2020 journal article

Evaluation of a collar‐mounted accelerometer for detecting seizure activity in dogs

Journal of Veterinary Internal Medicine, 34(3), 1239–1247.

By: K. Muñana, J. Nettifee n, E. Griffith n, P. Early n & N. Yoder*

author keywords: activity monitor; canine; clinical trial; idiopathic epilepsy
Source: ORCID
Added: April 16, 2020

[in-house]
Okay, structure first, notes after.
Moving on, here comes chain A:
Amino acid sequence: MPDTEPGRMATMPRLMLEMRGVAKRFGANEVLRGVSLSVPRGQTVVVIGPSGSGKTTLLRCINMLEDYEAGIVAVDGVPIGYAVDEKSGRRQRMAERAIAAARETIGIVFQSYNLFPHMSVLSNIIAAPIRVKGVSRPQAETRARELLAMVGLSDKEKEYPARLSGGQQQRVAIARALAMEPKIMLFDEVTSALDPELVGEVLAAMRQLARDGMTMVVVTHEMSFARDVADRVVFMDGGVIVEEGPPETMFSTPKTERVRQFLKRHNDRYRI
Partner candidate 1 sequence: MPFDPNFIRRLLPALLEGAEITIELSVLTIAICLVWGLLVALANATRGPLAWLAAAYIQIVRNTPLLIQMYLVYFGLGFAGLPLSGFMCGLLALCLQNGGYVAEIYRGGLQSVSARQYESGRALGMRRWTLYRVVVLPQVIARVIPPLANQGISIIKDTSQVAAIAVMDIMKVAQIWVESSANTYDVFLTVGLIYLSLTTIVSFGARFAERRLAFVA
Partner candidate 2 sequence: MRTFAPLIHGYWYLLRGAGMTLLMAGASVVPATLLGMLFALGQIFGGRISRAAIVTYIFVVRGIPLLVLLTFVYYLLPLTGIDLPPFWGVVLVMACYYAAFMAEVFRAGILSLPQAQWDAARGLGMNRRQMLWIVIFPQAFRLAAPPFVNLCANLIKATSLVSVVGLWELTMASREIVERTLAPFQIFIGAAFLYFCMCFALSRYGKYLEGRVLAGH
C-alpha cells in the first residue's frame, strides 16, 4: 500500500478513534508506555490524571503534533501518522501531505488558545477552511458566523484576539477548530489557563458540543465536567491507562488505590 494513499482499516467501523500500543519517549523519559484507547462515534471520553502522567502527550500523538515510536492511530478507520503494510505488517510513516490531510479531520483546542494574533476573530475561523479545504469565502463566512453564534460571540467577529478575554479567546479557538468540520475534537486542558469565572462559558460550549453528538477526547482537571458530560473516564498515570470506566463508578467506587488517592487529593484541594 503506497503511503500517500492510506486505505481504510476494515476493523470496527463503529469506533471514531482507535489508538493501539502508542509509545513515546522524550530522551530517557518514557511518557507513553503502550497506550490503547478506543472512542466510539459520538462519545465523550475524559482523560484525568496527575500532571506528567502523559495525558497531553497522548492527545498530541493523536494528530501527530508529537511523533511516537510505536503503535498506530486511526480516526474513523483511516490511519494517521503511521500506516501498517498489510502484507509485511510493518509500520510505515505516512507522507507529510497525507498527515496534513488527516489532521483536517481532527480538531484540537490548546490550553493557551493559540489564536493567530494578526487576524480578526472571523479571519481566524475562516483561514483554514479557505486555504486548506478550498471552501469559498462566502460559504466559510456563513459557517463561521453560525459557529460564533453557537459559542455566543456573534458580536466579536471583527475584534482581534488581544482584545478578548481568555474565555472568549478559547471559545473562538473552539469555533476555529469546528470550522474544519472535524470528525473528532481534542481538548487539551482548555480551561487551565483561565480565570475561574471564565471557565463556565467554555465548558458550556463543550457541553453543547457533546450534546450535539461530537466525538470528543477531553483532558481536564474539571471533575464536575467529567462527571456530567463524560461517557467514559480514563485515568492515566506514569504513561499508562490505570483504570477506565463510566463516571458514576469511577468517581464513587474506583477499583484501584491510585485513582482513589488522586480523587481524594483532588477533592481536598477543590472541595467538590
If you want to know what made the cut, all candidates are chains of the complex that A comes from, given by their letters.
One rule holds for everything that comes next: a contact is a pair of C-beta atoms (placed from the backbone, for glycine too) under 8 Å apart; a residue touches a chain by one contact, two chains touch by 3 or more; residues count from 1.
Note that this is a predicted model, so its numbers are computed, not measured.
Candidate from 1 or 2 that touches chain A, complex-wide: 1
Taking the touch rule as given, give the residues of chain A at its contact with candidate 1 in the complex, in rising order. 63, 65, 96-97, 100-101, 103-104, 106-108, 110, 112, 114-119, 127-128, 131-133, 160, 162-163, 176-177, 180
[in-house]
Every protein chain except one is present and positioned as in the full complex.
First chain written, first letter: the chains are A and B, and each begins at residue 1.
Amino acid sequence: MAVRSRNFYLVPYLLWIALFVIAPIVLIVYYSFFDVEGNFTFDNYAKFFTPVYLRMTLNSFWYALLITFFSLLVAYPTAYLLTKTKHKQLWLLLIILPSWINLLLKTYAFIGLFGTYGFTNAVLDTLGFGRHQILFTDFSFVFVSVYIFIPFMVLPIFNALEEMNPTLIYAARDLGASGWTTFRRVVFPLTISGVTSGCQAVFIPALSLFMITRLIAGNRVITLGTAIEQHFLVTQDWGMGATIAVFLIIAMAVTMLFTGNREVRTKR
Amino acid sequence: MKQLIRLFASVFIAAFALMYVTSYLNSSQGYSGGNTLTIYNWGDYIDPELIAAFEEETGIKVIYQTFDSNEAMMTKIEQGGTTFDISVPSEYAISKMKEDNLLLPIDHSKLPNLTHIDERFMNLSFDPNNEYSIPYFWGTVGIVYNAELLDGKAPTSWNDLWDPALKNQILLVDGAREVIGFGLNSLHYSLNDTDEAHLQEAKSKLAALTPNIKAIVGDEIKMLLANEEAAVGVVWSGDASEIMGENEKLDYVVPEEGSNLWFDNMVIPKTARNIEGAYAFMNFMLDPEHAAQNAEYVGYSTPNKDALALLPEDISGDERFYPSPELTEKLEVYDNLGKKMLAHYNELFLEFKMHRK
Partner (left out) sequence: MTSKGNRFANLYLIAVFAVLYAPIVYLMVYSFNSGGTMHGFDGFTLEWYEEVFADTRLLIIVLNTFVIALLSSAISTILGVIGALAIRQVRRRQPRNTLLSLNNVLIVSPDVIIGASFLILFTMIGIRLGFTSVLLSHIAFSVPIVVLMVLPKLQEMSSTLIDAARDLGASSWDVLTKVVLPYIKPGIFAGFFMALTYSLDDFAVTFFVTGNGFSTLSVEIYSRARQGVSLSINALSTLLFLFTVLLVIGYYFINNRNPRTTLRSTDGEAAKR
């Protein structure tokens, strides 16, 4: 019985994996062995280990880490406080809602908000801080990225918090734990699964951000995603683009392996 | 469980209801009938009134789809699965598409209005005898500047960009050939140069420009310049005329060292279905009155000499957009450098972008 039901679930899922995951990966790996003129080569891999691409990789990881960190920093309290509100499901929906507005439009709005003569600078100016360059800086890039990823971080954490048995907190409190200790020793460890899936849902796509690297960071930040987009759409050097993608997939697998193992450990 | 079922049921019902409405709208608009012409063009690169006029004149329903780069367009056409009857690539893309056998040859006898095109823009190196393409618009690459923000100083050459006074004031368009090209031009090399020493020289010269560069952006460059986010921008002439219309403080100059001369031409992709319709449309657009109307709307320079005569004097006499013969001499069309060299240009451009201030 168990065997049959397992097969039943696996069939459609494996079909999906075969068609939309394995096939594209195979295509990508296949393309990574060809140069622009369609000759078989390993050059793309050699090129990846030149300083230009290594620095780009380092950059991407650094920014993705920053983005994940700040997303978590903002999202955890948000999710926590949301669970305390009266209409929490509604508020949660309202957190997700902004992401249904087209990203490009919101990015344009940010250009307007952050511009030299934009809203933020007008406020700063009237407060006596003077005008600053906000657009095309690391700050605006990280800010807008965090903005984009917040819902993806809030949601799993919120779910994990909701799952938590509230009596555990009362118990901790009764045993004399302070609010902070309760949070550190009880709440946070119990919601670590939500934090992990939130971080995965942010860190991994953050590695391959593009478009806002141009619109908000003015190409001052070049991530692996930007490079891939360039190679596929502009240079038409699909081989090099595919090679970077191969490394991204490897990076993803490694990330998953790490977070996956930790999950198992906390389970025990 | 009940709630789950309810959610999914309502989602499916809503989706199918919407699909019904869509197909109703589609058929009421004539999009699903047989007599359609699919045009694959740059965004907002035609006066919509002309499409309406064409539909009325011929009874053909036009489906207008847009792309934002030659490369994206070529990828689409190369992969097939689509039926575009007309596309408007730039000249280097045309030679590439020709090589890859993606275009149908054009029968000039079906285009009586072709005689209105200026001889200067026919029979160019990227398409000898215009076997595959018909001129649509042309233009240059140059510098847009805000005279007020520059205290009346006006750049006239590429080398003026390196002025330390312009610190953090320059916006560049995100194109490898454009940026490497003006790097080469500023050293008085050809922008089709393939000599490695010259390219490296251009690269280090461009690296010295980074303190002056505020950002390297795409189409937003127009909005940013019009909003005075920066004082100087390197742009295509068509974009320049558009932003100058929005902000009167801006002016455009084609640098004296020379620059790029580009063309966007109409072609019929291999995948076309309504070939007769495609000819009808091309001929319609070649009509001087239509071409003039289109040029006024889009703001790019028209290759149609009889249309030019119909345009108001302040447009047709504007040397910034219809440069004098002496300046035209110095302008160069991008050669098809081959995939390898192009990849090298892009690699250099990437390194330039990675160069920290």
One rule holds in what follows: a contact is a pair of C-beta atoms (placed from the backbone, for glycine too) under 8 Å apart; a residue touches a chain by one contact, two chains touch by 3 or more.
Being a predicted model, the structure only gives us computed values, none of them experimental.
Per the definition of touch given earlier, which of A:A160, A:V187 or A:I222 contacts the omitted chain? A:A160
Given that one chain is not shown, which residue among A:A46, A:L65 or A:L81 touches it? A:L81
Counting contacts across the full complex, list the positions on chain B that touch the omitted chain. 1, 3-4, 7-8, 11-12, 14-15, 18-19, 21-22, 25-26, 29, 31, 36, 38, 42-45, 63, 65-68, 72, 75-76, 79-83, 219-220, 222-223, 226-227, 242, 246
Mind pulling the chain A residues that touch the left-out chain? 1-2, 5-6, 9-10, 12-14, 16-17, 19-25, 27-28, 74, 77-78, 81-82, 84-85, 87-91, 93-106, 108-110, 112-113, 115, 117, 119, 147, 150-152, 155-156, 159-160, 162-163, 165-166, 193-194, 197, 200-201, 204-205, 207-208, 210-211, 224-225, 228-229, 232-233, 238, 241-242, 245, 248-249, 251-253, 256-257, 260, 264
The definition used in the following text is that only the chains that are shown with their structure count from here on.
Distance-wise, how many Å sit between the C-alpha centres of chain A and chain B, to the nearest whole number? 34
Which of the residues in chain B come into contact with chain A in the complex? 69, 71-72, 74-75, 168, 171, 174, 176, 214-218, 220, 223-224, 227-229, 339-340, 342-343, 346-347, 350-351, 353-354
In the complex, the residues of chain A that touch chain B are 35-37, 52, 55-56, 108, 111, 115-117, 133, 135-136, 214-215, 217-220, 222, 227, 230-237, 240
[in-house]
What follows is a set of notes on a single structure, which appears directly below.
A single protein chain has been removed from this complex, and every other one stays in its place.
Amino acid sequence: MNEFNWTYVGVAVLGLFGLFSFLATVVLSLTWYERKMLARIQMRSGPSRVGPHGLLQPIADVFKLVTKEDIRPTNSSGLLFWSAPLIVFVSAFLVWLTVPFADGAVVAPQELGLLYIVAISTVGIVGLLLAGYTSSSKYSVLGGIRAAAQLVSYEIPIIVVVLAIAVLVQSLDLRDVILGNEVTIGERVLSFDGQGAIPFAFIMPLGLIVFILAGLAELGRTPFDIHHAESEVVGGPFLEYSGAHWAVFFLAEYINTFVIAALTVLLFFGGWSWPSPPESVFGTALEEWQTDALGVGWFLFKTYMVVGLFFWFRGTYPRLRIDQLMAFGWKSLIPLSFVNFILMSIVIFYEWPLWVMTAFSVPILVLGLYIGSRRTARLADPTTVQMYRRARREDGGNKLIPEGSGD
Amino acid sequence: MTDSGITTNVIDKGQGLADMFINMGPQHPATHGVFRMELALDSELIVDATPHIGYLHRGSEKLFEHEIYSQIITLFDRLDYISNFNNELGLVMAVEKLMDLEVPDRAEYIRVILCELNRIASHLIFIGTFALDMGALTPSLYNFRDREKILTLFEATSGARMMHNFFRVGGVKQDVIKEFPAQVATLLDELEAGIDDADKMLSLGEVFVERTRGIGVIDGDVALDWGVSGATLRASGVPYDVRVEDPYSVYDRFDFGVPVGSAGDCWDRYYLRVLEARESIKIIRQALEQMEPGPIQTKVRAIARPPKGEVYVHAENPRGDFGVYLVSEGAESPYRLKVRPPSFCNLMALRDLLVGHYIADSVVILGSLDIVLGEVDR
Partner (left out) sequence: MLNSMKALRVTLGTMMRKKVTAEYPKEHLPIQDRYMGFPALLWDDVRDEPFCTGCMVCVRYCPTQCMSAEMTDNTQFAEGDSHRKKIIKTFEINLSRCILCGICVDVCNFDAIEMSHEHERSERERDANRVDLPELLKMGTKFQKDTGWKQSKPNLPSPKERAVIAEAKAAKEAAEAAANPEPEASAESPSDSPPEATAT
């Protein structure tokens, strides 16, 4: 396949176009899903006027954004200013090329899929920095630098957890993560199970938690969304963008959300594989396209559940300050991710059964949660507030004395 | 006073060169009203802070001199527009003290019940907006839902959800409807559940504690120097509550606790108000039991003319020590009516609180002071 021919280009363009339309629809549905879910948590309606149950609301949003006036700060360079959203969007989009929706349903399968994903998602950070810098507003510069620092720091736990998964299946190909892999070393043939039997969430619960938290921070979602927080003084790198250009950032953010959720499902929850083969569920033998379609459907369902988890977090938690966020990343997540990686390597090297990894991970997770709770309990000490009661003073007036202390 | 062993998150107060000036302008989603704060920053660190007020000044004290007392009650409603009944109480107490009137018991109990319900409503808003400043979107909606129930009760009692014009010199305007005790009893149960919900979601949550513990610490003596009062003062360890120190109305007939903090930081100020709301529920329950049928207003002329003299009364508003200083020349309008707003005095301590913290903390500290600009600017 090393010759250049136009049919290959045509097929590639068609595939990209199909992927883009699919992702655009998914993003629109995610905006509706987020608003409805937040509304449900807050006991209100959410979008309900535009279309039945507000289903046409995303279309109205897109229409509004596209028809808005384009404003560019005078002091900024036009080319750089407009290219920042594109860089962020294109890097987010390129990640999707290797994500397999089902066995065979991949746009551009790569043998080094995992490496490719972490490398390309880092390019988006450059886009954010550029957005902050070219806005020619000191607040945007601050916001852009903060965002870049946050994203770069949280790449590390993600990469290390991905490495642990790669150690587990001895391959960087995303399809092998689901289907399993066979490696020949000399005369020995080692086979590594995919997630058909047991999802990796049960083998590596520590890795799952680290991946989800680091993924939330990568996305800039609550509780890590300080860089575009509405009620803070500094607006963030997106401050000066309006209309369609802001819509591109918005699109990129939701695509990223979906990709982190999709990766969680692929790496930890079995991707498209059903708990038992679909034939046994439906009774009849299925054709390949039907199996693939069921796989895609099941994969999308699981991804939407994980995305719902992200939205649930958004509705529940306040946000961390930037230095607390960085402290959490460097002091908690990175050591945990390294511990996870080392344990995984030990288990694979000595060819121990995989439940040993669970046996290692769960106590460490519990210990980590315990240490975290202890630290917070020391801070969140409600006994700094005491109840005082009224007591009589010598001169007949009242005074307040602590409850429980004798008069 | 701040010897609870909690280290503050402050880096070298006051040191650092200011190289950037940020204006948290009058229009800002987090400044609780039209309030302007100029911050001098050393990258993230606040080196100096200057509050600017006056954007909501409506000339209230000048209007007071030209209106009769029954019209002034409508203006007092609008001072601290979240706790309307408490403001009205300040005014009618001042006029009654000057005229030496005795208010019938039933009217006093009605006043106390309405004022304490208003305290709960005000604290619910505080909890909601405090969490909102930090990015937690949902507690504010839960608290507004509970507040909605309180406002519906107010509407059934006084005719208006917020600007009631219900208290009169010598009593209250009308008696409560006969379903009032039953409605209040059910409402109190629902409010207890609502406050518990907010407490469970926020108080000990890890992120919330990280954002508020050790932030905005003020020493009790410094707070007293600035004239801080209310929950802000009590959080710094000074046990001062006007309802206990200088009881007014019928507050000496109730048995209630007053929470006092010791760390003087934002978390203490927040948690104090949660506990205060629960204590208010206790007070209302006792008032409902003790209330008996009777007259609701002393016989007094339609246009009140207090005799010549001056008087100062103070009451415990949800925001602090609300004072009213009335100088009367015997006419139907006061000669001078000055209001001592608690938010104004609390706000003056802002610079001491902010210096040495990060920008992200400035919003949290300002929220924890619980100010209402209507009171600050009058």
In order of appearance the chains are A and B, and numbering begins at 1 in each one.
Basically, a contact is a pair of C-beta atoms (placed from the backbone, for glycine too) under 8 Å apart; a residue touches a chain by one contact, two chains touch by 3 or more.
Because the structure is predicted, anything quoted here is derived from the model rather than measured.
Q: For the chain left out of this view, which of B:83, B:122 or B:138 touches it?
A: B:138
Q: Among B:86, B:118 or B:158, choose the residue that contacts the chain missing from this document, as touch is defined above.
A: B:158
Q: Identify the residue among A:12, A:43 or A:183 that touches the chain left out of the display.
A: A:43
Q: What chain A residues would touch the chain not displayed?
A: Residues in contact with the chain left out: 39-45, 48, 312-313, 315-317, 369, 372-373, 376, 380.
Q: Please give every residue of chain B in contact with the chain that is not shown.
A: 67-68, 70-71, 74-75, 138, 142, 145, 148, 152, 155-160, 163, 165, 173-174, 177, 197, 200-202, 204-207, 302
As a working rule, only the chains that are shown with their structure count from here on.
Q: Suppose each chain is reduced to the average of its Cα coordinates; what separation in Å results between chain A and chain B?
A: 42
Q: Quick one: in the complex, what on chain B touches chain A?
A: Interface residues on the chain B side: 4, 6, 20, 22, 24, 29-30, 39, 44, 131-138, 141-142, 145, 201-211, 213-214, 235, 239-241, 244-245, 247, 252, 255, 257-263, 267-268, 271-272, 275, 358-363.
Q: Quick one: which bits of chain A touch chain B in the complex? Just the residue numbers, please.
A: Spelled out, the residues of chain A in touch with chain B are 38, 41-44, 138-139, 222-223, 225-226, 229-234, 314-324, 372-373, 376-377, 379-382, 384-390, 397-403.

Background The majority of dogs with idiopathic epilepsy continue to have seizures despite appropriate treatment. Objectives To assess the use of a commercially available, collar-mounted accelerometer to detect generalized seizures in dogs. Animals Twenty two client-owned dogs with idiopathic epilepsy. Methods Six-month prospective clinical study during which dogs wore a collar-mounted accelerometer. Seizure documentation was based on owner observations and video recordings. The accelerometer used a predefined algorithm to detect seizures in the first study phase, and an individualized algorithm in the second study phase. Caregivers completed a quality of life (QoL) questionnaire at the initial and final study visit. Results Using the predefined algorithm, the accelerometer detected seizures with a sensitivity of 18.6% (95% CI [13.4%, 23.8%]) and mean false detection rate of 0.096/day. Values did not change significantly with use of an individualized algorithm (sensitivity 22.1%, 95% CI [15.1%, 29.0%]; false detection rate 0.054/day). Mean composite QoL score was significantly improved at study completion (50.42) compared to study initiation (39.53; P = .005), and this change was moderately correlated with a change in weekly exercise (r = 0.46, P = .05). Conclusions and clinical importance Generalized seizures in dogs can be detected with a collar-mounted accelerometer, but the overall sensitivity is low.